In an ever competitive job market, your online presence is becoming an important part of the interviewing process. Employers aren’t necessarily trying to “dig up dirt” on you as much as they are trying to make sure you’re the right fit for the company. Dan Schawbel, author of “Promote Yourself: The New Rules for Career Success,” told MSN News, “Over 90 percent of recruiters use social networks to review candidates’ backgrounds.” It goes to show just how important your online reputation is. Follow these easy steps to make sure you’re marketing yourself correctly:
Start out looking at what employers would see if they searched you. Google, Bing, Facebook, etc. search your name. It will give you a good feel for what kind of digital footprint you’re leaving behind, whether it be positive or negative. If you can’t find you, then chances are recruiters are going to have a tough time too. However, that’s not necessarily a good thing; you want to be found in search results, for positive reasons of course. Searching yourself will give you a look at how much work you have ahead of you to clean up your image and make yourself more searchable for all the right reasons.
Clean It Up
Delete inactive social media profiles. There’s probably no reason to keep that Myspace from middle school, completely stocked full with embarrassing pictures. Once you determine what profiles you want to keep, and you realize they aren’t as professional as you’d like them to be, you might have your hands full. One useful (and free) tool students can use is SimpleWash. This application looks through your Facebook and Twitter and shows you everything from photos, to things you’ve liked or tweeted that have questionable content. You can also search specific words for the app to scan through. After it finds everything, you can sift through and delete things you don’t want employers to see.
Facebook Privacy Settings
They may be a pain, but they are important to keep up-to-date on so what you don’t want people to see, stays private. Facebook’s Privacy Settings are often changing, so you need to keep up with it. There are a lot of handy features to manage your profile. One of my favorites, Timeline Review, allows you to approve or hide tagged photos or posts before they are seen on your timeline. Gone are the days where you have to worry about quickly untagging yourself from an unprofessional (or just flat out unattractive) photo your friend posted from a night out. If there is anything questionable, you have have the ability to decide what can be seen.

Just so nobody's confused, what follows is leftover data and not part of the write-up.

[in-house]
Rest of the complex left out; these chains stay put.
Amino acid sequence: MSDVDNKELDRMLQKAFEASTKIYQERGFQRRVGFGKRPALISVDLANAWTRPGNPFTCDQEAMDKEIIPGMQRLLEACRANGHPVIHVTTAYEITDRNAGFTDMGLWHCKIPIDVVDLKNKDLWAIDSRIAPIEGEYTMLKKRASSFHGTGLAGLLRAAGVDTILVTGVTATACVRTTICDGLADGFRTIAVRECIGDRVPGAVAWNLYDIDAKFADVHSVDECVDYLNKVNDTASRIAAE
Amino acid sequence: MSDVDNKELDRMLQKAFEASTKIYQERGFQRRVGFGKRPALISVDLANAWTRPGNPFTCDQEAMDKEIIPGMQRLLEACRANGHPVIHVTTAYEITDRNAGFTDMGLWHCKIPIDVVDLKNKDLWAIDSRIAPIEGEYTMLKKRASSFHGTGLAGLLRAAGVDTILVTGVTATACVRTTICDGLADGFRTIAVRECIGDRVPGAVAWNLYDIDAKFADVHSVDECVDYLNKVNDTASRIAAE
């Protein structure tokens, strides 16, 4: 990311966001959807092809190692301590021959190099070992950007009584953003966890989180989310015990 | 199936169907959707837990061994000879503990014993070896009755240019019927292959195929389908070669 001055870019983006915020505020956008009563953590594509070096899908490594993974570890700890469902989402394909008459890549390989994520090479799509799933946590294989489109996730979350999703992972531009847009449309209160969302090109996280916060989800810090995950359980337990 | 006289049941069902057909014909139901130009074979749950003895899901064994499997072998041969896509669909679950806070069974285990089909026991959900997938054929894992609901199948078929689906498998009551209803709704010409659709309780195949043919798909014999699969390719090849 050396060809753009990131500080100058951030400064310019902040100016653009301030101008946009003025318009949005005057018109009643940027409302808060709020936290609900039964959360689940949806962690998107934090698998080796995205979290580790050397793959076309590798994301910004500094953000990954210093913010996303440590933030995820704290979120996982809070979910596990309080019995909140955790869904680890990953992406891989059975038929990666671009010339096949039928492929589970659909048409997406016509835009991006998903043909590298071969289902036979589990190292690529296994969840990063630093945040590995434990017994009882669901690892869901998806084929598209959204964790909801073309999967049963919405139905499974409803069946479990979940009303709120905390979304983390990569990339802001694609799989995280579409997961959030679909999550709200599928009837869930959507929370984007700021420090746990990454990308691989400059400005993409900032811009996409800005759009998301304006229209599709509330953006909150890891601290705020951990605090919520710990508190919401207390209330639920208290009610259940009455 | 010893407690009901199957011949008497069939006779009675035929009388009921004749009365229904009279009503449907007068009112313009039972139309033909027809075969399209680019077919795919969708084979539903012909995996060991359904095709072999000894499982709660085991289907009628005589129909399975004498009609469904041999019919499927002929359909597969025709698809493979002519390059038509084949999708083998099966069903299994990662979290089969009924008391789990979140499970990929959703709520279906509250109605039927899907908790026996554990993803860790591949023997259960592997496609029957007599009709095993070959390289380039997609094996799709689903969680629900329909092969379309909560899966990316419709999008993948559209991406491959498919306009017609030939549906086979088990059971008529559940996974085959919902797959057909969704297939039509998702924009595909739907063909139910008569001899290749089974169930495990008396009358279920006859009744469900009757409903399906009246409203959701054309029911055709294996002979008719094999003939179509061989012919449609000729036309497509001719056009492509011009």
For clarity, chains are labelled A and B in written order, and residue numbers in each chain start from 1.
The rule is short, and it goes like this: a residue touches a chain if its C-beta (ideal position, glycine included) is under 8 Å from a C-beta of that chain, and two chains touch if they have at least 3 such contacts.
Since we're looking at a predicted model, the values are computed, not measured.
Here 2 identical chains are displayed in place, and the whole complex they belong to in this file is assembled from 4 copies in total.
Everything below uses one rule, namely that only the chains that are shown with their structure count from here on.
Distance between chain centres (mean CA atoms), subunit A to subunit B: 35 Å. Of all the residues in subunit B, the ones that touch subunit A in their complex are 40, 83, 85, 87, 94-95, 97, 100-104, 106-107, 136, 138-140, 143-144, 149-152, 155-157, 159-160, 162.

There are a lot of ways you can use Twitter, however some of them are better than others when it comes to getting a job. It might seem funny to tweet from the bar, but it won’t seem that funny when you can’t find a job after graduation. If you lack the self-control that so many college kids do, consider protecting your tweets. People will request to follow you, giving you the control over who sees your tweets. If you have your tweets public, remember who your audience is. Have an objective and make sure your tweeting relevant information.
Be Smart and Think Before You Post
Once it’s on the internet, it’s out there for good. Don’t post something if you are unsure of how it may be received by the public. Try to stay away from anything controversial. You don’t know the beliefs and values of recruiters who may be looking at your profile, so don’t say anything that could potentially offend them. Refrain from posting about politics, religion or anything illegal. “Posting while emotional” is another trap some fall into. We all say things we regret when angry or upset, but don’t share it with your entire online community.
Manage Your Friends and Followers
We’ve all heard it before, but don’t accept friend or follower requests from people you don’t know. Know who you are connected to and what you’re sharing with them. You can classify your friends into groups and share content that is specifically for them. As you get older, you might want to go through and manage your friends and followers to make sure they’re still relevant connections.
It’s important to keep yourself professional, but that doesn’t mean you need to sound like a robot in the process. Be yourself! Employers want to see your personality and the positive accomplishments you’ve had. Sprucing up your social media profiles may seem like a daunting task, and it may take you a few days to look through all those pictures from your college years, but it will be well worth it when your profiles are recruiter ready.